On Sunday, I watched the documentary film In Search of Israeli Cuisine as part of a celebration of Yom Ha’atzmaut, Israel’s independence day. Afterwards, a friend and I followed our grumbling stomachs to a nearby Israeli restaurant for an early dinner. (And, of course, dessert.) If you’ve been reading this blog for a while, you know that I have a lot of wonderful things to say about Michael Solomonov, the film’s guide through the country and its restaurant and home kitchens.
Unable to get the food porn out of my head, I made a late lunch today inspired by sabich, an Iraqi sandwich often sold in Israel alongside falafel and schwarma. It’s a pita stuffed with fried eggplant, hard boiled eggs, chopped vegetables, hummus, and tehina, all drizzled with amba, a pickled mango sauce seasoned with turmeric and fenugreek.
Before we go any further, there’s some fun etymology to discuss – and you know how I like my etymology. First off, sabich. There are a few theories about the origins of the name of this sandwich introduced to Israel by Iraqi Jews who fled anti-Semitic violence in the 1040s and 50s. It may be a variation on sabah which means morning in Arabic and refers to the fact that Iraqi Jews eat cold eggplant and eggs and the mezze on shabbat morning. Or perhaps it’s a Hebrew acronym for the main ingredients – salat (salad), beitzim (eggs), chatzilim (eggplant). Or even the first name of an enterprising gentleman who opened a sabich stand soon after immigrating. As for the word amba, it is Sanskrit for mango and the ingredient is thought to be a version of mango chutney brought back from India by Baghdadi Jewish merchants.
For my sandwich, I used what I had in the house. A hunk of rye. A small eggplant that I sliced and broiled. A few hard-boiled eggs that I guillotined with my newest gadget. Some tehina that I picked up at Seed + Mill. (Have you been yet? No? Well, what are you waiting for? Unless you don’t like fresh tehina, funky flavors of halva, and goat milk soft serve.) And a jar of amba. I ate it open faced and call it a tartine because I’m fancy like that.
For more history on sabich, read what Saveur published a few years back. For a more authentic recipe, see what Yotam Ottolenghi has to say on the topic. And if you live in New York and just want to eat, head over to Taim (kosher).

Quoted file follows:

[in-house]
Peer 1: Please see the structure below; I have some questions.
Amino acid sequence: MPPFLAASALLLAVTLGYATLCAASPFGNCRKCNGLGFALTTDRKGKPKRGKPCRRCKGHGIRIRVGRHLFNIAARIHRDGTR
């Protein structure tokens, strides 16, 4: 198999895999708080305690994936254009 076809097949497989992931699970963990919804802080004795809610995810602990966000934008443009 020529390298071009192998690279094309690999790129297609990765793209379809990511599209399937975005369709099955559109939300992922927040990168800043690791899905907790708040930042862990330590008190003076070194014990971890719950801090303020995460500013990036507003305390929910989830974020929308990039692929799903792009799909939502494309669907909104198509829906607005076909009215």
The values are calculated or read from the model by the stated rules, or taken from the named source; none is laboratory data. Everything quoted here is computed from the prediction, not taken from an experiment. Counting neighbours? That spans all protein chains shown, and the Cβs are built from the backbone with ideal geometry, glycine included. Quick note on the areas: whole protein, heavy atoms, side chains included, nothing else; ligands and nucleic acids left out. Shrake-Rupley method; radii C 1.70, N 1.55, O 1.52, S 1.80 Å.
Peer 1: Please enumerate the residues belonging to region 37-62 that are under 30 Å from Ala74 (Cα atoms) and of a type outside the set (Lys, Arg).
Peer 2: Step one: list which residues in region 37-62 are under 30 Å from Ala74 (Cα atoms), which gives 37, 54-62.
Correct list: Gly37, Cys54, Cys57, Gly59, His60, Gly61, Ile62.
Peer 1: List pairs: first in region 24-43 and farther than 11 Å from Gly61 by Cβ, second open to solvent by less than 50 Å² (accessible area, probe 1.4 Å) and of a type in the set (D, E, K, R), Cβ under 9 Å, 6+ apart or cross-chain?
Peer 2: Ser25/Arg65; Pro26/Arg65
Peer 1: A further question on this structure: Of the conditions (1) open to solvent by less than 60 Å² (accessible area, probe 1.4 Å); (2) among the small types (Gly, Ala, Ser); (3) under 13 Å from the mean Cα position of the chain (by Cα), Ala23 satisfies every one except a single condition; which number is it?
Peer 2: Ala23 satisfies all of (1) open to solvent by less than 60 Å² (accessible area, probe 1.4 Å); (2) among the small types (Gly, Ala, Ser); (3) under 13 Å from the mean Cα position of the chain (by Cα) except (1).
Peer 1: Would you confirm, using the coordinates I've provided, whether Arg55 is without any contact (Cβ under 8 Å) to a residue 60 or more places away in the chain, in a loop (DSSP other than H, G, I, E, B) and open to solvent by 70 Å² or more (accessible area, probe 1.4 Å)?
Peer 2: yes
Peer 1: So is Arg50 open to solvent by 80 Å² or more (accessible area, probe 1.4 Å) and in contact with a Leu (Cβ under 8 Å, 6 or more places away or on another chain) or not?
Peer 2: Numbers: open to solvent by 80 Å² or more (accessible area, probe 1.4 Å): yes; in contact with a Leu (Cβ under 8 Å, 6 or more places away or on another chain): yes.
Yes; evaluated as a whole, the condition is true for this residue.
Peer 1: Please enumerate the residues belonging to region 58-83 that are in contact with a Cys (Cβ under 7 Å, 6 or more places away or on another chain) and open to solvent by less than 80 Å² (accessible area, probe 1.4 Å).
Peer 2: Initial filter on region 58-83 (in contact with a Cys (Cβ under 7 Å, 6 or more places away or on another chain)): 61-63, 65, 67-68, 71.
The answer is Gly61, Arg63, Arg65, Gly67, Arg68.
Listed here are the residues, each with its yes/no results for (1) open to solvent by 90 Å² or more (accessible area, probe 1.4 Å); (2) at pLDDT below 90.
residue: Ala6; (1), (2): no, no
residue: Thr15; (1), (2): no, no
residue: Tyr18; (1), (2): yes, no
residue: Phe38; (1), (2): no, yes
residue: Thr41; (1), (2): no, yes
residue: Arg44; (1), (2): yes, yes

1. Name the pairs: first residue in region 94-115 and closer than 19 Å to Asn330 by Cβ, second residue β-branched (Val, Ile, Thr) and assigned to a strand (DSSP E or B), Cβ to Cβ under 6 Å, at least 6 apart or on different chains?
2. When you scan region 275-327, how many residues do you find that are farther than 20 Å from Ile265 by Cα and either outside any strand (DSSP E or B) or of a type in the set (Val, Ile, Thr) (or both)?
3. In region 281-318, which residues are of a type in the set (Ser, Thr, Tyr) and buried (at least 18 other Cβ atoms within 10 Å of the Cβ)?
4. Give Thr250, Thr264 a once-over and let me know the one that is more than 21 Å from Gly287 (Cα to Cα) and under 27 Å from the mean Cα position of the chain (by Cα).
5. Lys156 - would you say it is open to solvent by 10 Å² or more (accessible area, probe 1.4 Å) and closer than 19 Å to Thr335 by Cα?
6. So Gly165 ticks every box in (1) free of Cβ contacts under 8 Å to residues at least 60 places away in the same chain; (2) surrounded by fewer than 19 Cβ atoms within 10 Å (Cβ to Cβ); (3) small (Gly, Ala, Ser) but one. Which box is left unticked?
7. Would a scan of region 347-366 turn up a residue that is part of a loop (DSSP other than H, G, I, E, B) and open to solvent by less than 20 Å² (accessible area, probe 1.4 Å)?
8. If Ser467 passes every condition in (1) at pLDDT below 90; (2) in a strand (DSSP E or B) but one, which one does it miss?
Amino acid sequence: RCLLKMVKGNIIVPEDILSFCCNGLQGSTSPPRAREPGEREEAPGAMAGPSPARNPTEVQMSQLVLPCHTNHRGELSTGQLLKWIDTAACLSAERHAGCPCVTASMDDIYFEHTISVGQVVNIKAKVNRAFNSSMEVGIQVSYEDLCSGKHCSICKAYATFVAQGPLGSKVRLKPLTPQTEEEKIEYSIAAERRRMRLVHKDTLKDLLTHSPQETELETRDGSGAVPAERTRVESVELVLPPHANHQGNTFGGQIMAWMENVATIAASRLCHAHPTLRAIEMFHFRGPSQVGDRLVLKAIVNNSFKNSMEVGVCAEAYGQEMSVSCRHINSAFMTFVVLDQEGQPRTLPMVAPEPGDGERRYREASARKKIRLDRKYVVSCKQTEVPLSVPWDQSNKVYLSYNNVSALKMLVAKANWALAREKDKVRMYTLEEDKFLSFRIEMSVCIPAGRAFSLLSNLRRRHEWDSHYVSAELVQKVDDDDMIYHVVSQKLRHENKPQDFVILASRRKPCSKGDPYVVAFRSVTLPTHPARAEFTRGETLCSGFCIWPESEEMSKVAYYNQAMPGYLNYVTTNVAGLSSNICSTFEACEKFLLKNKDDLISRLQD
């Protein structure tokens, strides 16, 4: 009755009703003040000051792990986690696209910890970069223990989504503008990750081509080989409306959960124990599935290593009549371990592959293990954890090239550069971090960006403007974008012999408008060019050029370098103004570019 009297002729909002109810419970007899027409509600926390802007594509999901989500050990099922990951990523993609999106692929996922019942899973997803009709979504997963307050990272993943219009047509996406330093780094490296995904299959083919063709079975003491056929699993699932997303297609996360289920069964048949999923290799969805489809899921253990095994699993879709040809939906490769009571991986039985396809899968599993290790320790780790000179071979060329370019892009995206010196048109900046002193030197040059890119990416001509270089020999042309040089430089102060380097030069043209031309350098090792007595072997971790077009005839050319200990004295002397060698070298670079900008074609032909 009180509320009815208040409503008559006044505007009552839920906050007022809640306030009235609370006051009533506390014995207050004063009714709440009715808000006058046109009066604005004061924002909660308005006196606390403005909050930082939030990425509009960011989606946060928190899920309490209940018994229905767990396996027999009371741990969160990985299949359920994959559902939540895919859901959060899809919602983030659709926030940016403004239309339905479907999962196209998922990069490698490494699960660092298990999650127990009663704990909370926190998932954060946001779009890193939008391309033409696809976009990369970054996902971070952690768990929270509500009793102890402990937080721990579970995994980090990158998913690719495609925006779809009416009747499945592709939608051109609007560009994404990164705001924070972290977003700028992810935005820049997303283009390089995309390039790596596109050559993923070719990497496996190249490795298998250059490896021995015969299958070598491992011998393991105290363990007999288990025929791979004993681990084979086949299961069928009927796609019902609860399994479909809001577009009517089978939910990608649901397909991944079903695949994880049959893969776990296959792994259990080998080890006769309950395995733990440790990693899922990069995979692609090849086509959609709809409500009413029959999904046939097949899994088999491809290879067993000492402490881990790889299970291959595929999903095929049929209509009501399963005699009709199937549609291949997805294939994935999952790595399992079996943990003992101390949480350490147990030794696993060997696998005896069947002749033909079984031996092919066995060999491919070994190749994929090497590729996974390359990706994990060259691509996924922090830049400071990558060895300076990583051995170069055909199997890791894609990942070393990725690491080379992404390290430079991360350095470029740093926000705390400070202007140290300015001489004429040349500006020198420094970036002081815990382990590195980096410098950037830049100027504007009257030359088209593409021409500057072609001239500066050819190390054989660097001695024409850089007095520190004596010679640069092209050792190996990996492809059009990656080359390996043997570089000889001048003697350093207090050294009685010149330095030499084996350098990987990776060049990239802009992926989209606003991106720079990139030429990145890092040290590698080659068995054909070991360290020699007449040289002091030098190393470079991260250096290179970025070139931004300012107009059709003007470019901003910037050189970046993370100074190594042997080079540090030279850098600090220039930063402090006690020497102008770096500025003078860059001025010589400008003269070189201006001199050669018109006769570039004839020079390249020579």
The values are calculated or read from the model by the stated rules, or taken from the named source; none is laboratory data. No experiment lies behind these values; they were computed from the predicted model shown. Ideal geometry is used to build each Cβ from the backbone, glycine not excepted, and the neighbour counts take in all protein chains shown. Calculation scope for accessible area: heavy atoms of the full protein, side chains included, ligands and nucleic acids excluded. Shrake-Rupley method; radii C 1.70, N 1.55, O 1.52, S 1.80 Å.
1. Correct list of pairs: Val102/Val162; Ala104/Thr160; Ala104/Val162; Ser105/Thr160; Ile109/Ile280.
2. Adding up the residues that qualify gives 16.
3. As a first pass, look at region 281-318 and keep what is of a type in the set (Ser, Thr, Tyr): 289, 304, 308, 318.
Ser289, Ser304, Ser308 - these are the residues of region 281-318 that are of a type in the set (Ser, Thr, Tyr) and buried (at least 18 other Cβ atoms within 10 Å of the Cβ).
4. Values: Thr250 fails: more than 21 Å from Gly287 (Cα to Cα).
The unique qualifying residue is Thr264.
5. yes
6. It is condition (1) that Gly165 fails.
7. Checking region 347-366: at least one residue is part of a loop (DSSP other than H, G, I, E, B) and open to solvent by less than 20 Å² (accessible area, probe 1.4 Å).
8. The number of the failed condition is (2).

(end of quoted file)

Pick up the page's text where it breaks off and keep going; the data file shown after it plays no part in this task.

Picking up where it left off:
Not really a recipe, here are some guidelines to make a simplified sabich-style open-faced sandwich.
In my experience, sabich always makes a mess – probably because it’s usually served in over-stuffed pita – but a particularly damning one since amba stains whatever it drips on. Though a bit precious, I ate one of my tartines with knife and fork. The second one I folded in half, wrapped in several paper towels, and ate on the run as I rushed to pilates class. Classy, I know. You can also roll the ingredients into a tortilla. To make this Iraqi sandwich more traditional, chop up some tomato and cucumber salad salad, slice a few pickles, and stuff everything into a pita with hummus.
Makes 2 open-faced sandwiches
Turn on your broiler.
Put 2 eggs in a pot of cold water, bring to a boil, and then remove from heat, cover, and let sit for 10 minutes to cook (or just hard-cook them however you’d like). Run the eggs under cold water until cool enough to touch and remove shells. Thinly slice.
While the eggs are cooking, slice a small eggplant (mine was a petite 5-inch American/Italian variety) into ~1/4-inch rounds. Arrange the eggplant on a parchment-lined baking sheet, and brush each side with 1-2 tablespoons olive oil, and sprinkle with salt and pepper. Broil for 3-8 minutes (depends how close your pan is to the broiler) until starting to brown, and then flip and broil for another 3-8 minutes.
Mix 1/4 cup tehina with about 2 tablespoons cold water. It will seize up and thicken – that’s OK for now. Squeeze in half a lemon (about 2 tablespoons juice) and keep mixing. Stir in more cold water, teaspoon by teaspoon, until you reach the consistency you want. I wanted more of a spread (as opposed to a sauce), so I used about 3 tablespoons of water total.
Spread tehina on two slices of rye bread (I like Balthazar’s rye boule). Layer the eggs and eggplant. Drizzle with amba (I found mine at Holyland Market on Saint Mark’s Place).